There again, you can see how this critical distinction plays out in my political differences with Schuon, for as always, politics follows ontology and anthropology. Since Schuon overemphasizes the vertical to the exclusion of the horizontal (his above statement about the two forms of divine causation notwithstanding), he was an unapologetically anti-democratic royalist. Conversely, the illiberal leftist, since he is a purely horizontal beast, overemphasizes the horizontal to the exclusion of the vertical, since for the materialist, the vertical does not and cannot exist except as illusion.

But America is different. It is the only country that was explicitly and consciously founded upon both horizontal and vertical principles. Much of this formula was worked out in the Federalist Papers, which remains a timelessly true meditation on the nature of good governance, which must take into consideration both horizontal and vertical realities.

The Founders were very aware of the dangers of a purely horizontal democracy, which they knew would not work, and would devolve to tyranny. For them the idea of an irreligious and non-virtuous citizenry being capable of self-governance was a non-starter.

But how to incorporate the vertical without reverting to the static system of monarchy? This is, of course, the dynamic synthesis of classical liberalism, which balances the libertarian "creative destruction" of the free market with the vertical traditionalism of spiritually evolved (and evolving) man. Thus we can affirm: "To improve is to change; to be perfect is to change often" (Churchill). This truism is only paradoxical if you exclude either the vertical or horizontal.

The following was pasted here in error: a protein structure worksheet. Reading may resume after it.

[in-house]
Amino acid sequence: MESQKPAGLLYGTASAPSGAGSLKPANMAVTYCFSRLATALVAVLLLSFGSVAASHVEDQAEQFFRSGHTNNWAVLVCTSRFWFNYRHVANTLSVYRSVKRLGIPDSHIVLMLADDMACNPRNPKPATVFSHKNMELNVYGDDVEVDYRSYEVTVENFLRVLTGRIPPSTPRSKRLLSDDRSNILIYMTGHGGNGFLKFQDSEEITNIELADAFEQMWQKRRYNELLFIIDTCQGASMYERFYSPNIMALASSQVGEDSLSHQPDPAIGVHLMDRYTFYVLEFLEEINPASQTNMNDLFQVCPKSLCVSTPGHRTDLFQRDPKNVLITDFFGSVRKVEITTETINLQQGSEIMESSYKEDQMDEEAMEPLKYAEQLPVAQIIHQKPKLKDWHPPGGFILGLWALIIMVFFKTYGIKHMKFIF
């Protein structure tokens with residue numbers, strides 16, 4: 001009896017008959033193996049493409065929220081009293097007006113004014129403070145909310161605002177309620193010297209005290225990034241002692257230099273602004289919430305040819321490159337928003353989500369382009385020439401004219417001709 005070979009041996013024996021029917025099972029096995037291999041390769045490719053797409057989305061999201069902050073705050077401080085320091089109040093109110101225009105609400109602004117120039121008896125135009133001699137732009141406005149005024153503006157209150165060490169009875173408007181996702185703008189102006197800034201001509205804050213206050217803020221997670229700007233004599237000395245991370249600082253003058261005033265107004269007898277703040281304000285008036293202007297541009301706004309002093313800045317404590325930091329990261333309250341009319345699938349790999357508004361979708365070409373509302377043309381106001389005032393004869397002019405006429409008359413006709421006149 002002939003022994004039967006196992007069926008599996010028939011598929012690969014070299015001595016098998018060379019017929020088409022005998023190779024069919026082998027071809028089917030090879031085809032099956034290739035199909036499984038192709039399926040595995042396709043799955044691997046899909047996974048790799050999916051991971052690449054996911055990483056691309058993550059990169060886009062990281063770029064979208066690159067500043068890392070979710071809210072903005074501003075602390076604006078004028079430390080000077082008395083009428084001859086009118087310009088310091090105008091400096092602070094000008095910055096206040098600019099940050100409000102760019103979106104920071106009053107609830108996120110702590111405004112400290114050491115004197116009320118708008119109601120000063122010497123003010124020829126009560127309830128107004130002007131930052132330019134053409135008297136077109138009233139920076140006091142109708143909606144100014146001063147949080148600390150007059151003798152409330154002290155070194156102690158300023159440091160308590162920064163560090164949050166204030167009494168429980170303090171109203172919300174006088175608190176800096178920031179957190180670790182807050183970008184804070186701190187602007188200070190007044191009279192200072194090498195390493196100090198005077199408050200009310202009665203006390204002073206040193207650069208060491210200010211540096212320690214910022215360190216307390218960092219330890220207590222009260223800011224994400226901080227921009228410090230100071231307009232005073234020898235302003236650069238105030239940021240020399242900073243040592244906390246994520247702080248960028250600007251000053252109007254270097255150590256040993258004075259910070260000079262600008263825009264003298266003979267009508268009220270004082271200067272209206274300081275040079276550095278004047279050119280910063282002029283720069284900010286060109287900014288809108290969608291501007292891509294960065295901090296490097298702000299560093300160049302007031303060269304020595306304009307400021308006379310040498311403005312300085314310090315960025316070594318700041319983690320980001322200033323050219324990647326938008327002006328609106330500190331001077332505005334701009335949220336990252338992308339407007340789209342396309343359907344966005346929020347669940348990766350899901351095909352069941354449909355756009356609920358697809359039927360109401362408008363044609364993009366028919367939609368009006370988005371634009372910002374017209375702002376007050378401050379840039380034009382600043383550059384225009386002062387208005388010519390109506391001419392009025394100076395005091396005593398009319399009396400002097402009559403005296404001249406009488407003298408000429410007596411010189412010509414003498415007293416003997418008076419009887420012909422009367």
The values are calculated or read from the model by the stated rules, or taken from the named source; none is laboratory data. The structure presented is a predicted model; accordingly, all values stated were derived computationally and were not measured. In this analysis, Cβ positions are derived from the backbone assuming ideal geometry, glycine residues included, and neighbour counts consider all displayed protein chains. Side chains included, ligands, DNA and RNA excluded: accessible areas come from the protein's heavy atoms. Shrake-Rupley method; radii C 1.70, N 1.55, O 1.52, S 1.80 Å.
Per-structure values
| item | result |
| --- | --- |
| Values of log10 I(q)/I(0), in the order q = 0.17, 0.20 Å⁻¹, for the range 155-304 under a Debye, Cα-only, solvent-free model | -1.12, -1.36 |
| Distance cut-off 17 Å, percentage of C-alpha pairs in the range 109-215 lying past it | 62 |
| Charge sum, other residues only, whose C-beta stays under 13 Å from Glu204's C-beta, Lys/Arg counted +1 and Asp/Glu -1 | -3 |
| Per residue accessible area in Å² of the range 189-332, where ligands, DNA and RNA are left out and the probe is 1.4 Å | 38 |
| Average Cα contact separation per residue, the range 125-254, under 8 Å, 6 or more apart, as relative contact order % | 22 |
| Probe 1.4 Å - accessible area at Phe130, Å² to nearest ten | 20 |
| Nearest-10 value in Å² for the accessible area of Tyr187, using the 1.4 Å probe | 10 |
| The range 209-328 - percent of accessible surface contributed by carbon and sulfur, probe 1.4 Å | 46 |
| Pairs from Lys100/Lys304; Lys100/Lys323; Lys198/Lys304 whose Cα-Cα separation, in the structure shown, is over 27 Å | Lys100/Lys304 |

Now, will this system devised by the Founders work? That's a whole different story. This delicate formula has only existed on earth for some 235 years, whereas some of those static vertical dynasties lasted for thousands, e.g., Egypt.

Imagine thousands of years with no change -- changelessness being the whole "point" of traditional cultures. For a traditional culture, change is always associated with decay and degeneracy, as it drifts away from its static archetype. There was not even the idea of "progress," i.e., that things could improve with time and bring us closer to the ideal.

You could say that classical liberalism "discovered" progress (which naturally brings with it the possibility of regress). As I mentioned in my book, if you go back to where things stood with man in 1600 or so, the future looked rather bleak. For the average man, things were no different than they were 1,000 or 2,000 years ago: famine, disease, illiteracy, tyranny, backbreaking toil, etc. For all you strict traditionalists out there, if that is your preferred mode of life, I say go for it! Don't just dress up like an Indian and a smoke peace pipe on weekends, go live like one. Stop reading. Stop eating modern food. Stop using air conditioning, antibiotics, analgesics, automobiles, audio systems. And that's just the A's!